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  15. HeinzGuderian (profile) says:

    ……….slightly different from the Mother of all Parliaments tac……..MP’s are actually serving time for their dishonesty.
    How much time will Bertie be spending behind bars ? ( a lot of time in front of them,no doubt) ;-)

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  16. Alias (profile) says:

    WT, it is usually those of a statist or lefist mindset who promote the view that people are irrideemably corrupt and therefore require the state to regulate their behaviour because they cannot be trusted to self-regulate it.

    It is a useful corrective to observe that the state itself is corrupt and can’t be trusted to self-regulate its behaviour, never mind regulate the behaviour of others.

    There is a hidden agenda within the Irish media to promote the view that the Irish are not fit to govern themselves. Oddly enough, those who so govern also promote this view as part of a euro-federalist agenda.

    I don’t have any answer here other than to restate my view that all political parties should be disbanded since they are all cartels that promote the interests of the members above the interests of those they bogusly claim to represent. That, of course, will never happen.

    How hard is it for the public to figure out that a political class that will squander hundreds of billions of their money simply to defer action of allegations of corruption is not a political class that is fit for purpose? How hard? It’s absolutely impossible, apparently.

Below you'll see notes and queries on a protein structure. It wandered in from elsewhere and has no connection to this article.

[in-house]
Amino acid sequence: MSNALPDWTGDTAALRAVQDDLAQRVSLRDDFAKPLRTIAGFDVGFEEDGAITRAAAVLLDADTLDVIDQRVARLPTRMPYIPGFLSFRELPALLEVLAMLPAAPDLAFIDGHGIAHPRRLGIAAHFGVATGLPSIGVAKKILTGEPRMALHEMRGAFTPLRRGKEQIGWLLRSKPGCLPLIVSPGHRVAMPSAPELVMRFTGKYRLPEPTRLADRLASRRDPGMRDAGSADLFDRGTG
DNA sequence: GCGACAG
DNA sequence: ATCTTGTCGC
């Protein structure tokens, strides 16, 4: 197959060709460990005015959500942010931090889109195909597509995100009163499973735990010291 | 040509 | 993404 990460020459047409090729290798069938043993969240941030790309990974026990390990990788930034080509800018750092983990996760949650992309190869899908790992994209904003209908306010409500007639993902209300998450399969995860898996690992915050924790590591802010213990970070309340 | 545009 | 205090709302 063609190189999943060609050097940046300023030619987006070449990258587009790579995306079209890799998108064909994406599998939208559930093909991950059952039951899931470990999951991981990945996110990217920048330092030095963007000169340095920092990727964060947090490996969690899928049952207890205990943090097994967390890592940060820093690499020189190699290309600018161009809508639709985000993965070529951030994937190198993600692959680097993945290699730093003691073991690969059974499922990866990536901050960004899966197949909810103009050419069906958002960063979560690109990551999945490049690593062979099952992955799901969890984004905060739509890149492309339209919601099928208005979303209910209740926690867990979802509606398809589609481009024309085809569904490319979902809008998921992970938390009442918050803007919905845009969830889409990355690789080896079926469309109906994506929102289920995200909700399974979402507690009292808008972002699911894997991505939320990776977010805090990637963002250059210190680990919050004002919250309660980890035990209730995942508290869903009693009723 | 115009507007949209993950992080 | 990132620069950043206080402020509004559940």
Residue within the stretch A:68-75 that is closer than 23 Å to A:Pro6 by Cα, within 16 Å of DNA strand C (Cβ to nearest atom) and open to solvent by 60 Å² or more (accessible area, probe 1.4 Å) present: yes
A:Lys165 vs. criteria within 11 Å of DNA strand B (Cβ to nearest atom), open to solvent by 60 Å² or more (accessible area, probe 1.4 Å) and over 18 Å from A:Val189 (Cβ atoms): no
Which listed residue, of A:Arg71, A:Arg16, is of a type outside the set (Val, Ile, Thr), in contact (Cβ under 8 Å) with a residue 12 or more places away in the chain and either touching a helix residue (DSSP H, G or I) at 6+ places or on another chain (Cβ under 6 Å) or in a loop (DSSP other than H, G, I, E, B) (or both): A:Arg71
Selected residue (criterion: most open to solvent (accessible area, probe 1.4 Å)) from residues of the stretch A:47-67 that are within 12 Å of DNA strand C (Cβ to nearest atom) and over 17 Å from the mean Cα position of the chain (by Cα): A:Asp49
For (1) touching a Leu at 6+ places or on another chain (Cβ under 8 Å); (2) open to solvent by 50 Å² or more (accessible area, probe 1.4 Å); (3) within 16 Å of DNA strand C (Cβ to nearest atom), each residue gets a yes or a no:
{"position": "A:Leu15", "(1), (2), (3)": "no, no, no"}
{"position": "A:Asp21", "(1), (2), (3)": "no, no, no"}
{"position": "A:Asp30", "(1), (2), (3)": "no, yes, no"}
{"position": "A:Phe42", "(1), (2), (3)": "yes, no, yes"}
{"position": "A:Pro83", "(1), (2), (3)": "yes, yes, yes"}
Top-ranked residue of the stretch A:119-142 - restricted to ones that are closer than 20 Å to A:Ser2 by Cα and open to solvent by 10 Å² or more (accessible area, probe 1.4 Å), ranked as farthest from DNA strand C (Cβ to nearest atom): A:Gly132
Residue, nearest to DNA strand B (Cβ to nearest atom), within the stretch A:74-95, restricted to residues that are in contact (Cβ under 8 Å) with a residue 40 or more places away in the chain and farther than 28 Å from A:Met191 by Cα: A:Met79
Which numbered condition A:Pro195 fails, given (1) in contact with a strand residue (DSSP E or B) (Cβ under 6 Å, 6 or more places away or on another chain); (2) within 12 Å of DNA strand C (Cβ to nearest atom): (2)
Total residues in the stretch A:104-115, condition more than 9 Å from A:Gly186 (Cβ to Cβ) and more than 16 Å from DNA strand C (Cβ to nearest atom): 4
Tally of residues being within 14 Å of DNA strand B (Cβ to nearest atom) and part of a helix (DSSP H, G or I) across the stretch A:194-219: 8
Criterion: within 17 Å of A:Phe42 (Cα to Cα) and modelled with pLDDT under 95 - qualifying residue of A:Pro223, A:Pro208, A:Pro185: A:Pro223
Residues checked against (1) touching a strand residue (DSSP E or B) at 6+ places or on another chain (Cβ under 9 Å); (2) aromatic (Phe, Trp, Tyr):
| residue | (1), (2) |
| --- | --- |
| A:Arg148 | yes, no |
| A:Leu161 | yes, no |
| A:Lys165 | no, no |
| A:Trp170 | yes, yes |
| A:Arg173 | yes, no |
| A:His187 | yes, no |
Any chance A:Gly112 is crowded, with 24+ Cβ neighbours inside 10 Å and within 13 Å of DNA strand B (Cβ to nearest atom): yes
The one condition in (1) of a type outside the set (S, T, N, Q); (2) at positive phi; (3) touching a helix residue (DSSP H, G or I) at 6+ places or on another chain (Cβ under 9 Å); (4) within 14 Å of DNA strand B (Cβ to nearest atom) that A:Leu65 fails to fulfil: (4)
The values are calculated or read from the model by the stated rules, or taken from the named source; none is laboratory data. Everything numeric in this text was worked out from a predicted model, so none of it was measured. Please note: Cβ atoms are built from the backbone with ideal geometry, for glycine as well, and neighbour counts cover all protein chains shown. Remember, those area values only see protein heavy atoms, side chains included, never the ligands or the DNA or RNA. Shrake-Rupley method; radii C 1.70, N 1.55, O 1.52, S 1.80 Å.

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  17. Greenflag (profile) says:

    @ heinz -Ich habe schoen wieder keine Ahnung – Guderian

    ‘slightly different from the Mother of all Parliaments tac……..MP’s are actually serving time for their dishonesty.’

    42 members of the Dail /Westminster have been imprisoned since 1916 with 19 doing time for a range of offences since Henry Coyle of Cumann na NGael the precursor of Fine Gael was caught for ‘bouncing cheques ‘ back in 1924 .

    the full listing here

    http://en.wikipedia.org/wiki/List_of_imprisoned_members_of_the_Oireachtas

    As for generalised political corruption and the peddling of influnence for money it’s not only the minor members of the British aristocracy that are seen to indulge in the ‘game ‘ . A Mr Cruddas has been in the news displaying how to win friends and influence David Cameron with just the right amount of ‘dosh ‘.

    Oh the ‘impropriety ‘ of it ;) LOL

    Feckin hypocrites and they know it !

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  18. Greenflag (profile) says:

    @ Alias,
    ‘ it is usually those of a statist or lefist mindset who promote the view that people are irrideemably corrupt and therefore require the state to regulate their behaviour because they cannot be trusted to self-regulate it.

    What planet are you living on ? Anybody with half an ounce of common sense knows that power corrupts and absolute power corrupts absolutely . Be that the absolute power of totalitarianism of the right or the left or a tyranny of the majority or any form of theocratic government . It also extends to the corporate and financial spheres as we have seen this past decade where ‘self regulation ‘ turned out to be the mantra for wholesale corruption , theft , fraud , international heists , sub prime gouging and worldwide economic recession.

    Just look at the history of the tobacco industry , the lead extraction industry and any number of imperial era ‘slave ‘ trading etc and you don’t have to be a rocket scientist to understand that without government intervention many of our ‘free market ‘ uber alles gung ho sociopaths would once again be employing 6 year old children to work in mines etc etc .

    This is not to infer that all capitalists are without ethics -they are not -many are a boon to societies everywhere -it’s just that when the going gets very tough then it’s the lowest common denominator who survives i.e the most ruthless .